An emotional Elise Christie missed out on Team GB's first medal of the Pyeongchang Games after she suffered a dramatic crash on the last lap of the 500m short-track speed skating final.
Christie, 27, was in fourth position and pushing for a podium place but slipped off course after her hand appeared to be caught by a fellow skater.
Italy's Arianna Fontana claimed the gold after home favourite Choi Minjeong was disqualified, elevating Yara Van Kerkhof of the Netherlands to silver and Canada's Kim Boutin to bronze.
World champion Christie arrived in South Korea as one of Team GB's brightest medal hopes and was hoping to make amends for her triple disqualification at the Sochi Games four years ago.
Drama in the final of the 500m short-track speed skating as Elise Christie crashes out and home favourite Minjeong Choi is disqualified having originally finished second. Italy's Arianna Fontana takes gold with Yara van Kerkhof winning silver. Christie looks completely devastated as she heads to the side where she is consoled by her partner and GB coach. She still has the 1000 and 1500 to go and will have to park this disappointment.
Christie eased through the quarterfinals -- setting a new Olympic record in the process -- and finished a close second behind Choi in her semi to book a place in the final earlier Tuesday.
Interviewed on BBC television after her race, Christie burst into tears, saying: "In my feelings, I was knocked over -- I didn't fall on my own.
"When there's five people in the final, it doesn't give you any benefit when someone gets a penalty. It's just tough -- I worked so hard for the 500m and it's been taken away from me.
"Even in the semifinal, I got crashed into and ended up in lane four. I know it's short-track and I'm supposed to be prepared for this but it still hurts."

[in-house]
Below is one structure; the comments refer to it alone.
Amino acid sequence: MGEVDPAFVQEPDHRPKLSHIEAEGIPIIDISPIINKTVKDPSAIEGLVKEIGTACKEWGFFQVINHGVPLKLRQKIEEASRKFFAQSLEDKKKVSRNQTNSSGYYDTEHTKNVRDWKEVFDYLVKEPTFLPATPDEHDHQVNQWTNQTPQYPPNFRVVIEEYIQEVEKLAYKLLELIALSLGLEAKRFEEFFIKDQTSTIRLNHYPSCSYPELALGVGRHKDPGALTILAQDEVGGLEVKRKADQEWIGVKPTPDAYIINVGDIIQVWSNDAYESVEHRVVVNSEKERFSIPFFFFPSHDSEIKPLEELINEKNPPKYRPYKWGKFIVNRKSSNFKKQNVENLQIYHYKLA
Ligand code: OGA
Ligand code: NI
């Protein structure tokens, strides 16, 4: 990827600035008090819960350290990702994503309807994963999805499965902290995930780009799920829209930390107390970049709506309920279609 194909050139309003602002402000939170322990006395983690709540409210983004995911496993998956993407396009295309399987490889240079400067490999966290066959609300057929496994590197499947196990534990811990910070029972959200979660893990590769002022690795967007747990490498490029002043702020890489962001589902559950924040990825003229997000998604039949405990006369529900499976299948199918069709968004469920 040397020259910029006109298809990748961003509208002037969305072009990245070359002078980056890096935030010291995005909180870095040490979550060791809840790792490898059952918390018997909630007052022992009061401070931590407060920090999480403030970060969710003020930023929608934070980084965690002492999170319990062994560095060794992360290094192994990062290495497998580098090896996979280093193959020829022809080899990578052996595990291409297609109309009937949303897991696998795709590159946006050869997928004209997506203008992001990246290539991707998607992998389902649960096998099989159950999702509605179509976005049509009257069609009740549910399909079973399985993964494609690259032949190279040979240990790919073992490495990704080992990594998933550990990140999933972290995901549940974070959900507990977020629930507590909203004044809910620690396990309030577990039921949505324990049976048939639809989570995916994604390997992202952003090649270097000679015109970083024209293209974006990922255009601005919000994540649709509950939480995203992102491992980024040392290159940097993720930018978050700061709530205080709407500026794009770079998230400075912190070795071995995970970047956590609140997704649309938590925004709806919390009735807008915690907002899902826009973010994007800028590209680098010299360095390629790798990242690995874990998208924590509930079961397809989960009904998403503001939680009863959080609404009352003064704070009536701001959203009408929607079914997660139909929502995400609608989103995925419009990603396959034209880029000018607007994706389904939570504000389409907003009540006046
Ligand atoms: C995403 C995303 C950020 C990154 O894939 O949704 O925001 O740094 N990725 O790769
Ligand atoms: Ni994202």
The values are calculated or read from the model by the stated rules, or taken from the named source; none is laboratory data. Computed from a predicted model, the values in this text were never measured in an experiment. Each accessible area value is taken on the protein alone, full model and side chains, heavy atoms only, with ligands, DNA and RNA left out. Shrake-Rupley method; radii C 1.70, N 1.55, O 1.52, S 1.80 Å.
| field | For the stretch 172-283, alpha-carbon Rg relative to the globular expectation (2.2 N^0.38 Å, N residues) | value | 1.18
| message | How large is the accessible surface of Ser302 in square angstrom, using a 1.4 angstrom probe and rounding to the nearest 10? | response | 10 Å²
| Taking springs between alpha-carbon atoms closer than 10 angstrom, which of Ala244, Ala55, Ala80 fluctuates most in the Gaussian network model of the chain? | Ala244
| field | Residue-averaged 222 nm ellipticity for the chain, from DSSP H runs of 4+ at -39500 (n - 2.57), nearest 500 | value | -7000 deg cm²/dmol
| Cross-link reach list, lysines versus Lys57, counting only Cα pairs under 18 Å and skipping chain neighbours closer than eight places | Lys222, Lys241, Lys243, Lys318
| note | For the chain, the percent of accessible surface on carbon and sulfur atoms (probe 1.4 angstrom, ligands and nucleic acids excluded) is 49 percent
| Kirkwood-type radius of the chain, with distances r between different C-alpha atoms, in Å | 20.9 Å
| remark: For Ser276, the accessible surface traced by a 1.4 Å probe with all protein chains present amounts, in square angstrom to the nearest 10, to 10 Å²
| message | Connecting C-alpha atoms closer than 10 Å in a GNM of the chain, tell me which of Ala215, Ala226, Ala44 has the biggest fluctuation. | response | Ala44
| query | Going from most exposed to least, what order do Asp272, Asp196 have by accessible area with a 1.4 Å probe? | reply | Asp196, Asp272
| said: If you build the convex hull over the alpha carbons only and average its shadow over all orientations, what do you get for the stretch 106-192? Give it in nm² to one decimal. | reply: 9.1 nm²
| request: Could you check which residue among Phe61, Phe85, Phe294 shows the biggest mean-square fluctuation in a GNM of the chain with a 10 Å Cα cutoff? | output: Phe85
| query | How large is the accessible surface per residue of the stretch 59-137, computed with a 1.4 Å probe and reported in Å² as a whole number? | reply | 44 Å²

With two events still to come, including her best distance, the Brit could still claim a medal before the Games draw to a close, but admitted: "There aren't many positives I can take from tonight."
"Hopefully I can come back again and reset," she added. "Right now I can't see living with this feeling."
Although Stewart Laing, Team GB's Performance Director for short-track speed skating, admitted he was disappointed by the result, he revealed the team had made preparations for a such circumstances.
"We have brought our sports psychologist out and we have had this planned just in case," he told the BBC. "We will regroup and refocus. We will give her time to digest but then help her cope with what's happened.
"We go back to some of the processes we put in place. Crucially Elise is in a much stronger place. She is far more robust than last time. She has actually finished the race so it's different to Sochi.
"Obviously none of us wanted it to be written this way but we come back on Saturday in her best event."
Christie was not alone in her disappointment, with the result also leaving South Korea's Choi Minjeong in tears.
Choi, 19, looked to have secured the silver medal in front of her home crowd at the Gangneung Ice Arena, only to be handed a penalty by the judges following a video review.
"I think they gave me penalty as there was a kind of contact in the end," Yonhap News reported her as saying through tears during a mixed zone interview. "I'm sorry that I failed to meet the expectations and support that so many people gave to me."
"I'm confident that I can get over it. I still have three competitions left. I won't obsess over the results," she continued. "If I skated far better, I wouldn't have hit her. I won't make a complaint of it."